How we teach: Unit operations laboratory

Margot A. Vigeant, David L. Silverstein, Kevin D. Dahm, Laura P. Ford, Jennifer Cole, Lucas James Landherr

Research output: Contribution to journalConference articlepeer-review

13 Scopus citations


One of the truly distinctive elements of a chemical engineering undergraduate experience is working with larger-scale process equipment in a laboratory setting. Unit Operations courses seek to expose students to the type and scale of equipment they are likely to see in industry and to equip them with the ability to analyze the behavior of these systems as well as have a true "feel" for how they work (or don't work quite as expected). For the 2017 survey, the AIChE Education Division Survey Committee focused on the laboratory portion of the chemical engineering undergraduate curriculum. over 70 programs completed the survey, which asked about course structure, hours, and experiments. The typical undergraduate takes one or two laboratory-focused courses within chemical engineering, completes experiments as part of a team, and has at least some exposure to pilot-scale equipment. Virtual experiments make up about 10% of control system experiments and are otherwise relatively uncommon. This paper reports on the survey's key findings as well as some of the highlights of innovative laboratory experience and pedagogy discussed in the results.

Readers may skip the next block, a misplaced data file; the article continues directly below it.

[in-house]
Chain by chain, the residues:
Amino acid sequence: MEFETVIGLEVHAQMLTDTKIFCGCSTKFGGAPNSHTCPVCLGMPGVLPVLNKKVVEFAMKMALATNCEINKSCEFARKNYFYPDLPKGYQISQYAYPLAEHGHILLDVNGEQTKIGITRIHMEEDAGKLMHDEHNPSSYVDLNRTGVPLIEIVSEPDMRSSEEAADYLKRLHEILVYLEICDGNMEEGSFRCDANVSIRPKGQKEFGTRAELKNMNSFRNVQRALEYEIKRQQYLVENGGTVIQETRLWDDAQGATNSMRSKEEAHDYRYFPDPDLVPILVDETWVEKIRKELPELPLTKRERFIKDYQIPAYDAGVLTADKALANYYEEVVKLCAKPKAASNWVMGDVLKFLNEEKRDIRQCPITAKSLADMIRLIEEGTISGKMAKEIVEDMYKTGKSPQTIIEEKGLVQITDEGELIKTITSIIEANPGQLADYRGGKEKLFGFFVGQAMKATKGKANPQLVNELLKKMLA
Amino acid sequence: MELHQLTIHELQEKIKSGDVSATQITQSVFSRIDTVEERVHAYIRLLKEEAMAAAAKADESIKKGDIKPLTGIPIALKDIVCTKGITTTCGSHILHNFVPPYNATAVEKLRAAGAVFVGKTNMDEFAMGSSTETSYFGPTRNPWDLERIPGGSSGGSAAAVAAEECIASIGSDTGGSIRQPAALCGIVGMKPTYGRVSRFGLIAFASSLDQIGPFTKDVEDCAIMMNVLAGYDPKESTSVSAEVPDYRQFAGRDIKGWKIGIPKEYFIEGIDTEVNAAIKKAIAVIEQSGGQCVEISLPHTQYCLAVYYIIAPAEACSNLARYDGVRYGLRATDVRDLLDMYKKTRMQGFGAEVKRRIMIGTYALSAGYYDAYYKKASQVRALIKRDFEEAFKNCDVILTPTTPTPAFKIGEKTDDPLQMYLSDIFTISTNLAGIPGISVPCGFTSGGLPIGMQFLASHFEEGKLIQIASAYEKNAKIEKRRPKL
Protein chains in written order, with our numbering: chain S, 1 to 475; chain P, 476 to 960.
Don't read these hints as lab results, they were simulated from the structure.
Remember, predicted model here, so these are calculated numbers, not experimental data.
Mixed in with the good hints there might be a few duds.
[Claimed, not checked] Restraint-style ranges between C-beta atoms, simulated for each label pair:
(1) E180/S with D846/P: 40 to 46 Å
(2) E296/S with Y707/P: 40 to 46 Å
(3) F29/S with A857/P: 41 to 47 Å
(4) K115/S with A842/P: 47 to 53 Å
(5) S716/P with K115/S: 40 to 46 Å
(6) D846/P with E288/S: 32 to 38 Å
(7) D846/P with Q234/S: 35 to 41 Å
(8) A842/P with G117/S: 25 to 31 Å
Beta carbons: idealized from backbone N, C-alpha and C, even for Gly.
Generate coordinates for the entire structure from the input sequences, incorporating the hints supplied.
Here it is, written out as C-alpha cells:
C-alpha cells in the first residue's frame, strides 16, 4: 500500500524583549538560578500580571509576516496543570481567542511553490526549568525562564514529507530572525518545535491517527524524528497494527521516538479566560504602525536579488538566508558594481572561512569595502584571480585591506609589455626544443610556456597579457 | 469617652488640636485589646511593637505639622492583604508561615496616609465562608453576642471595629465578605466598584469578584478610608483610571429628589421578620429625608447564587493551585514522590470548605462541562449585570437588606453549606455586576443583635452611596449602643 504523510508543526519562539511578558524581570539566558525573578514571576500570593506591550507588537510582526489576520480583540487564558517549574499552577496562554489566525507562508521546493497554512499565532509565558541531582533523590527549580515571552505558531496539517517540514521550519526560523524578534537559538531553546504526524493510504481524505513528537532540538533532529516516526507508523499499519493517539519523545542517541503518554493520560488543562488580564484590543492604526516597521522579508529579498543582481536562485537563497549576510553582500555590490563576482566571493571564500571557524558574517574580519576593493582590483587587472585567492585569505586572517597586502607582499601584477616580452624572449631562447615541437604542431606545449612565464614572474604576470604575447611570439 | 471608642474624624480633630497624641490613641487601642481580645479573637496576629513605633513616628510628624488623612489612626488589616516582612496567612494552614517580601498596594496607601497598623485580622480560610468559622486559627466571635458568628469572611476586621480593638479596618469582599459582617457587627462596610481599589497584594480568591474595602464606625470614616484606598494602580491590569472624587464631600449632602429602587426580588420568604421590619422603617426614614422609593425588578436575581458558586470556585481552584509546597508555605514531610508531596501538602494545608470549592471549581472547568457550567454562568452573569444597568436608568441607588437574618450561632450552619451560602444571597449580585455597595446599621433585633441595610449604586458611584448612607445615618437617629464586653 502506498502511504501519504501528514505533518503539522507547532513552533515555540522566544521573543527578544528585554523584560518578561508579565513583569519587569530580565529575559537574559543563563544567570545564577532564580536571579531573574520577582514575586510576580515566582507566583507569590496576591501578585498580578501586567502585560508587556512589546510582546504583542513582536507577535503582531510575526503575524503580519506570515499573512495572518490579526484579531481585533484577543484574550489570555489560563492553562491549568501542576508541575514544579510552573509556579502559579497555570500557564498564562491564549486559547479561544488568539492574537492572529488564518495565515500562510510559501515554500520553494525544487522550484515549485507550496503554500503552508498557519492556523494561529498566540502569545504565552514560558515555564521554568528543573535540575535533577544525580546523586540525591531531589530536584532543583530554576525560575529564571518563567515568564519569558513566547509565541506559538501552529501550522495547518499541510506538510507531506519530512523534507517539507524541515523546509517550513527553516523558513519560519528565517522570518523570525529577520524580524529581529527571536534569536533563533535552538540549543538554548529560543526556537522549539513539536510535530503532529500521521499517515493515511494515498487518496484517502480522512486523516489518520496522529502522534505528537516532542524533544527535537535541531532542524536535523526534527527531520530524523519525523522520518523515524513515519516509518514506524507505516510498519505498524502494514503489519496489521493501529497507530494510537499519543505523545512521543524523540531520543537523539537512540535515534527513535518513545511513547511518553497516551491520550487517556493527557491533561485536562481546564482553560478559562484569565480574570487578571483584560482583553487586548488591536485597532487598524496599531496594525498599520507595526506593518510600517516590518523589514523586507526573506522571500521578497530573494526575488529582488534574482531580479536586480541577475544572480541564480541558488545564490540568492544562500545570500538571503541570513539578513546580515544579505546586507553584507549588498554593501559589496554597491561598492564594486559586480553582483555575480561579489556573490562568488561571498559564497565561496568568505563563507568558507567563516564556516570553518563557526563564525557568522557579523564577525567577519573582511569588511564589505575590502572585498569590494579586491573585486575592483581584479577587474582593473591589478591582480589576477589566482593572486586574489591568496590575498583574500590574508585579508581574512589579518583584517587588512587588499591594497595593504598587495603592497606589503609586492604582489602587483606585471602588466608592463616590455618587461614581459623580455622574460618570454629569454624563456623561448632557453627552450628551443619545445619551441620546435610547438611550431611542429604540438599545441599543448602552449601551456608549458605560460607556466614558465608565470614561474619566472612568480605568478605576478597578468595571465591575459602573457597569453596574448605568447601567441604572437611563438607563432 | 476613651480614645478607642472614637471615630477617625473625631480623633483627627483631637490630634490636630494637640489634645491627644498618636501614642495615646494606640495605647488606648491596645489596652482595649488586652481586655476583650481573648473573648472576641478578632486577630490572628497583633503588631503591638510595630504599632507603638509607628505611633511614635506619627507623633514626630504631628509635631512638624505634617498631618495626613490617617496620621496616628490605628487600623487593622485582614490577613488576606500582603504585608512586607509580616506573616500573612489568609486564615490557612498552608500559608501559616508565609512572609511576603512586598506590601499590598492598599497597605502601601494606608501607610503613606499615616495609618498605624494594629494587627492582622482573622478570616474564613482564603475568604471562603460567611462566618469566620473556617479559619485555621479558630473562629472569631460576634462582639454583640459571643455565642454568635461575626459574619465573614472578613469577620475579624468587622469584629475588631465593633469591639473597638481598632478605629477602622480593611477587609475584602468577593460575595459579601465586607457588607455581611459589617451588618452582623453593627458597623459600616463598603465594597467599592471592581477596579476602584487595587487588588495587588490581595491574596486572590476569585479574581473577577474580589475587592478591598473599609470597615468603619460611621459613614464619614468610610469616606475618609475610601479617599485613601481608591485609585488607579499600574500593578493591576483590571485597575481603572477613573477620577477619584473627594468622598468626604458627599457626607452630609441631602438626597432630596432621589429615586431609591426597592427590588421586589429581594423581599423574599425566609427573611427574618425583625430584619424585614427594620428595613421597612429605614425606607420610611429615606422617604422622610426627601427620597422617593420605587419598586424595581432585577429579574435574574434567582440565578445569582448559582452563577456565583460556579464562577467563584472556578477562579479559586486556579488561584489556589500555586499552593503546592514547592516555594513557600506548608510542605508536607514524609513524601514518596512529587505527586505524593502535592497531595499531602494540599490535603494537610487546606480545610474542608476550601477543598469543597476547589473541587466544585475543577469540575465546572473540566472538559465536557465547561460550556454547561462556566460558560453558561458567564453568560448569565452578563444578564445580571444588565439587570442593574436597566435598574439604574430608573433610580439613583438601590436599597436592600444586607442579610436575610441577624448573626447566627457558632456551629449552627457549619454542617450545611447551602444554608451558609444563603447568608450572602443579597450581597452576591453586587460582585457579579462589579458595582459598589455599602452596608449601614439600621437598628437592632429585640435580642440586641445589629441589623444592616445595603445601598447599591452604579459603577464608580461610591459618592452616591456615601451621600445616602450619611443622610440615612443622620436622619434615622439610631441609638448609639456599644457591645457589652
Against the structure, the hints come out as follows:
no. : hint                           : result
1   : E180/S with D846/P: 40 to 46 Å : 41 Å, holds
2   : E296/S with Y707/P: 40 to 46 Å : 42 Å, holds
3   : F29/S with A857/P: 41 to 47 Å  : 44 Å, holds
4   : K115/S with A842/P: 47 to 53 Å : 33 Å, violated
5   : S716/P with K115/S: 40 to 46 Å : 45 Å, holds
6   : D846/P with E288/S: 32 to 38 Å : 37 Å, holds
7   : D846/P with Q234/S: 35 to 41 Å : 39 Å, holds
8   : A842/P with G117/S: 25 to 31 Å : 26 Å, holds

Original languageEnglish
JournalASEE Annual Conference and Exposition, Conference Proceedings
StatePublished - Jun 23 2018
Event125th ASEE Annual Conference and Exposition - Salt Lake City, United States
Duration: Jun 23 2018Dec 27 2018

Bibliographical note

Funding Information:
David L. Silverstein is a Professor of Chemical Engineering at the University of Kentucky. He is also the Director of the College of Engineering’s Extended Campus Programs in Paducah, Kentucky, where he has taught for 19 years. His PhD and MS studies in ChE were completed at Vanderbilt University, and his BSChE at the University of Alabama. Silverstein’s research interests include conceptual learning tools and training, and he has particular interests in faculty development. He is the recipient of several ASEE awards, including the Fahein award for young faculty teaching and educational scholarship, the Corcoran award for best article in the journal Chemical Engineering Education (twice), and the Martin award for best paper in the ChE Division at the ASEE Annual Meeting.

Publisher Copyright:
© American Society for Engineering Education, 2018.

ASJC Scopus subject areas

  • Engineering (all)


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